A New Era for the Iconic UT Tower
Chairman Kevin P. Eltife and The University of Texas System Board of Regents are embarking on a bold new vision to keep the UT Tower shining brightly, providing the $26 million lead investment to restore and renovate The University of Texas at Austin’s most celebrated landmark. As a complement to the renovation, the investment will also support extensive landscaping and beautification efforts for areas such as the Main Mall and other surrounding grounds.
For nearly 100 years, generations of Longhorns have looked up to the Tower, an icon of the university’s excellence, purpose and spirit. This monumental project — the first major renovation in the Tower’s history — will restore the exterior to its original brilliance and update the observation deck and beloved carillon bells.
“In the 1930s the UT Tower was a bold statement about the enduring excellence of The University of Texas at Austin. Our board is deeply proud to support carrying that bold vision forward for generations to come,” Eltife said.
The university will rally all of Longhorn Nation to join the project and support the centerpiece of campus that has been the home for graduation ceremonies, family photos, athletics celebrations and historic milestones for hundreds of thousands of alumni, friends and Texans.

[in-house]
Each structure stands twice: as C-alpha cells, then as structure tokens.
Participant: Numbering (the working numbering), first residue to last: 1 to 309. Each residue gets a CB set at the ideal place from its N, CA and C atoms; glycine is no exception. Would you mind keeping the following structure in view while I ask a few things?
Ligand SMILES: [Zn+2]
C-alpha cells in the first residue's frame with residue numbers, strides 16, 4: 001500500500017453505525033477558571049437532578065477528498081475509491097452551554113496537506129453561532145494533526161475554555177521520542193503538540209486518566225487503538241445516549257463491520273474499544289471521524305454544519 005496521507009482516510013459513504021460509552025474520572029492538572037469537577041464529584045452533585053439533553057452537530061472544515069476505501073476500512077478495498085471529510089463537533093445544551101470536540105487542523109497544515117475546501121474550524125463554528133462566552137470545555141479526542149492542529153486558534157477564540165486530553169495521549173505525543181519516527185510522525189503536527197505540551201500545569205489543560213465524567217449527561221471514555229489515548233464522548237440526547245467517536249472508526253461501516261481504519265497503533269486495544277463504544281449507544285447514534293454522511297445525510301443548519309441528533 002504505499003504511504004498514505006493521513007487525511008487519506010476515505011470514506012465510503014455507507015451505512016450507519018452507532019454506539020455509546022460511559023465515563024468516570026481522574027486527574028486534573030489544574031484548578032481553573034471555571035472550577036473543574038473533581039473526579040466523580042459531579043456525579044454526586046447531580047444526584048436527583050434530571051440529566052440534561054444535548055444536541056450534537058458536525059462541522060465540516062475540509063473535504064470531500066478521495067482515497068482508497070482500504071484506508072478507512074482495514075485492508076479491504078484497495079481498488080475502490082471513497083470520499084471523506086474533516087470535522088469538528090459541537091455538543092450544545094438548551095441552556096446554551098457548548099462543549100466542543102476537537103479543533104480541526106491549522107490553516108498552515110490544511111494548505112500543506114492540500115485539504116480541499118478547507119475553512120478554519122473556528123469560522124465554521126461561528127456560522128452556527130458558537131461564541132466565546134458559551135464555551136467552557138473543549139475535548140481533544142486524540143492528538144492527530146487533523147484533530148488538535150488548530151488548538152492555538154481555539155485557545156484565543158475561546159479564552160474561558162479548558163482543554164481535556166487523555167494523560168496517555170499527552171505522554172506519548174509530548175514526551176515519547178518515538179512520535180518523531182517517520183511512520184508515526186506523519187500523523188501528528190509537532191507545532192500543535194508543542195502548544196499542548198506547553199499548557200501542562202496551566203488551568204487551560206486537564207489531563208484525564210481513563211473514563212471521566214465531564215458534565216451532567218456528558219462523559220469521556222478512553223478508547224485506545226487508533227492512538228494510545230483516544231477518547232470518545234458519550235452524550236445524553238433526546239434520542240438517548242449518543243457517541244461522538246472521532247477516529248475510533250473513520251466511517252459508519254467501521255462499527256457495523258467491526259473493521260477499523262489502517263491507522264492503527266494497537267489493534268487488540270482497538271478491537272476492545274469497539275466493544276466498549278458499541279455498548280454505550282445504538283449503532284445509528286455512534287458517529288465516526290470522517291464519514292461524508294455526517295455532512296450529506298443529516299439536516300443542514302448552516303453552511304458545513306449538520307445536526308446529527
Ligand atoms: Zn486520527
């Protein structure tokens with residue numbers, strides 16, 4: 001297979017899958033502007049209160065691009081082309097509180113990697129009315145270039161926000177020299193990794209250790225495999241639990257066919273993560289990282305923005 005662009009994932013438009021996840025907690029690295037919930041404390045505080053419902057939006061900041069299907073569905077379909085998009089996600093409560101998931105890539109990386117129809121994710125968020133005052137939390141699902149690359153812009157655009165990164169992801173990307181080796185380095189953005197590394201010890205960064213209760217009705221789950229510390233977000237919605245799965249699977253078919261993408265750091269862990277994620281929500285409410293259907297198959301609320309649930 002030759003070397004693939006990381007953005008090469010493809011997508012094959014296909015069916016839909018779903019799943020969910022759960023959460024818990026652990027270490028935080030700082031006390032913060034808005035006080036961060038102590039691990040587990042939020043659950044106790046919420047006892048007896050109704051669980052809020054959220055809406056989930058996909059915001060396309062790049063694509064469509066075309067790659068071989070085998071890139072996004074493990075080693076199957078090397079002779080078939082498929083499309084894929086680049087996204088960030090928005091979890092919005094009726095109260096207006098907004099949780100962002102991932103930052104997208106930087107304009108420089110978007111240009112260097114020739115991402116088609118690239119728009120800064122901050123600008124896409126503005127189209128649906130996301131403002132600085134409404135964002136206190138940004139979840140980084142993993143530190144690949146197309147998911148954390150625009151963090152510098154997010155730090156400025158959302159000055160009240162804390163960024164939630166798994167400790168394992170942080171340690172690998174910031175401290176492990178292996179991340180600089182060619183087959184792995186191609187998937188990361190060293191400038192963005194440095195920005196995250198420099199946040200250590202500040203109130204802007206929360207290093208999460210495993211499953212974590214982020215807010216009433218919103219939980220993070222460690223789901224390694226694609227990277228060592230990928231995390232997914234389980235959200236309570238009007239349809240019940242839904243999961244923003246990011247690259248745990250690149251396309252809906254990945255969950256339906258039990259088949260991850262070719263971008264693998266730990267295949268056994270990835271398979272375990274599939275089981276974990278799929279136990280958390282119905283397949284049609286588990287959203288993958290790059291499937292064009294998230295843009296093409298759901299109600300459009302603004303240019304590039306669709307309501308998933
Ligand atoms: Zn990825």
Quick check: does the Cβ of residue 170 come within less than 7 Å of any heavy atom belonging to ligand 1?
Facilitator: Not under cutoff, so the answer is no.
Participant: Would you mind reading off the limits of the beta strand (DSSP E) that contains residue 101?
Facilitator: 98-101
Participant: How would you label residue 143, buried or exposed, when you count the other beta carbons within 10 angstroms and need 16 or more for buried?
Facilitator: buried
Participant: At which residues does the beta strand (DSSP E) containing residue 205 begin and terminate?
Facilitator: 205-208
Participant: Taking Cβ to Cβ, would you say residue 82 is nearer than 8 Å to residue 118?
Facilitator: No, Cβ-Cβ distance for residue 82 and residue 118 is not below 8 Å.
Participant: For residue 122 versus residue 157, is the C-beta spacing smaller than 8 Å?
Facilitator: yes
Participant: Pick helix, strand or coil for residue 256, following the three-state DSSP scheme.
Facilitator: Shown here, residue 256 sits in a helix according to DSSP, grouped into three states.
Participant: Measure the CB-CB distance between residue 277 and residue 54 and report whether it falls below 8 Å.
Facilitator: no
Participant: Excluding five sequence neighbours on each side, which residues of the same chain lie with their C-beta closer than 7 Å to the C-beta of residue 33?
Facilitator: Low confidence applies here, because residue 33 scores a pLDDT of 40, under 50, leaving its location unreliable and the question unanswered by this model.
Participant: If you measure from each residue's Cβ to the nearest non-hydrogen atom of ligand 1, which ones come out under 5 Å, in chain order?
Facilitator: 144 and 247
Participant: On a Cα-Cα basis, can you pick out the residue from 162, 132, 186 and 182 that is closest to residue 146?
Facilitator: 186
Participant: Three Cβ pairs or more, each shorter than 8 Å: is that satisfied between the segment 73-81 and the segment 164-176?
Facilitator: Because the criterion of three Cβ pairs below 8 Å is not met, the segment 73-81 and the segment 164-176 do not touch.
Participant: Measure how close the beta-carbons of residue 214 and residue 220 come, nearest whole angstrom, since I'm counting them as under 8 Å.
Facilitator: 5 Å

“The Tower stands on the very spot where our first learning community gathered, and it endures as a symbol for truth-seekers, academic excellence and achievement,” said President Jay Hartzell. “I am grateful to Chairman Eltife and the regents for their incredibly generous support. Their investment will enhance and preserve the Tower’s legacy and ensure that it shines even brighter for generations to come.”
What starts here starts with you.
Follow tower.utexas.edu and UT social media for updates on the campaign to restore and renovate our iconic UT Tower.
All archival materials courtesy the Dolph Briscoe Center for American History and the Alexander Architectural Archives, University of Texas Libraries, The University of Texas at Austin. Materials from the Paul Phillipe Cret collection © H2L2. Special thanks to Nancy Sparrow, senior library specialist in the Alexander Architectural Archives, and Aryn Glazier, digitization specialist at the Briscoe Center.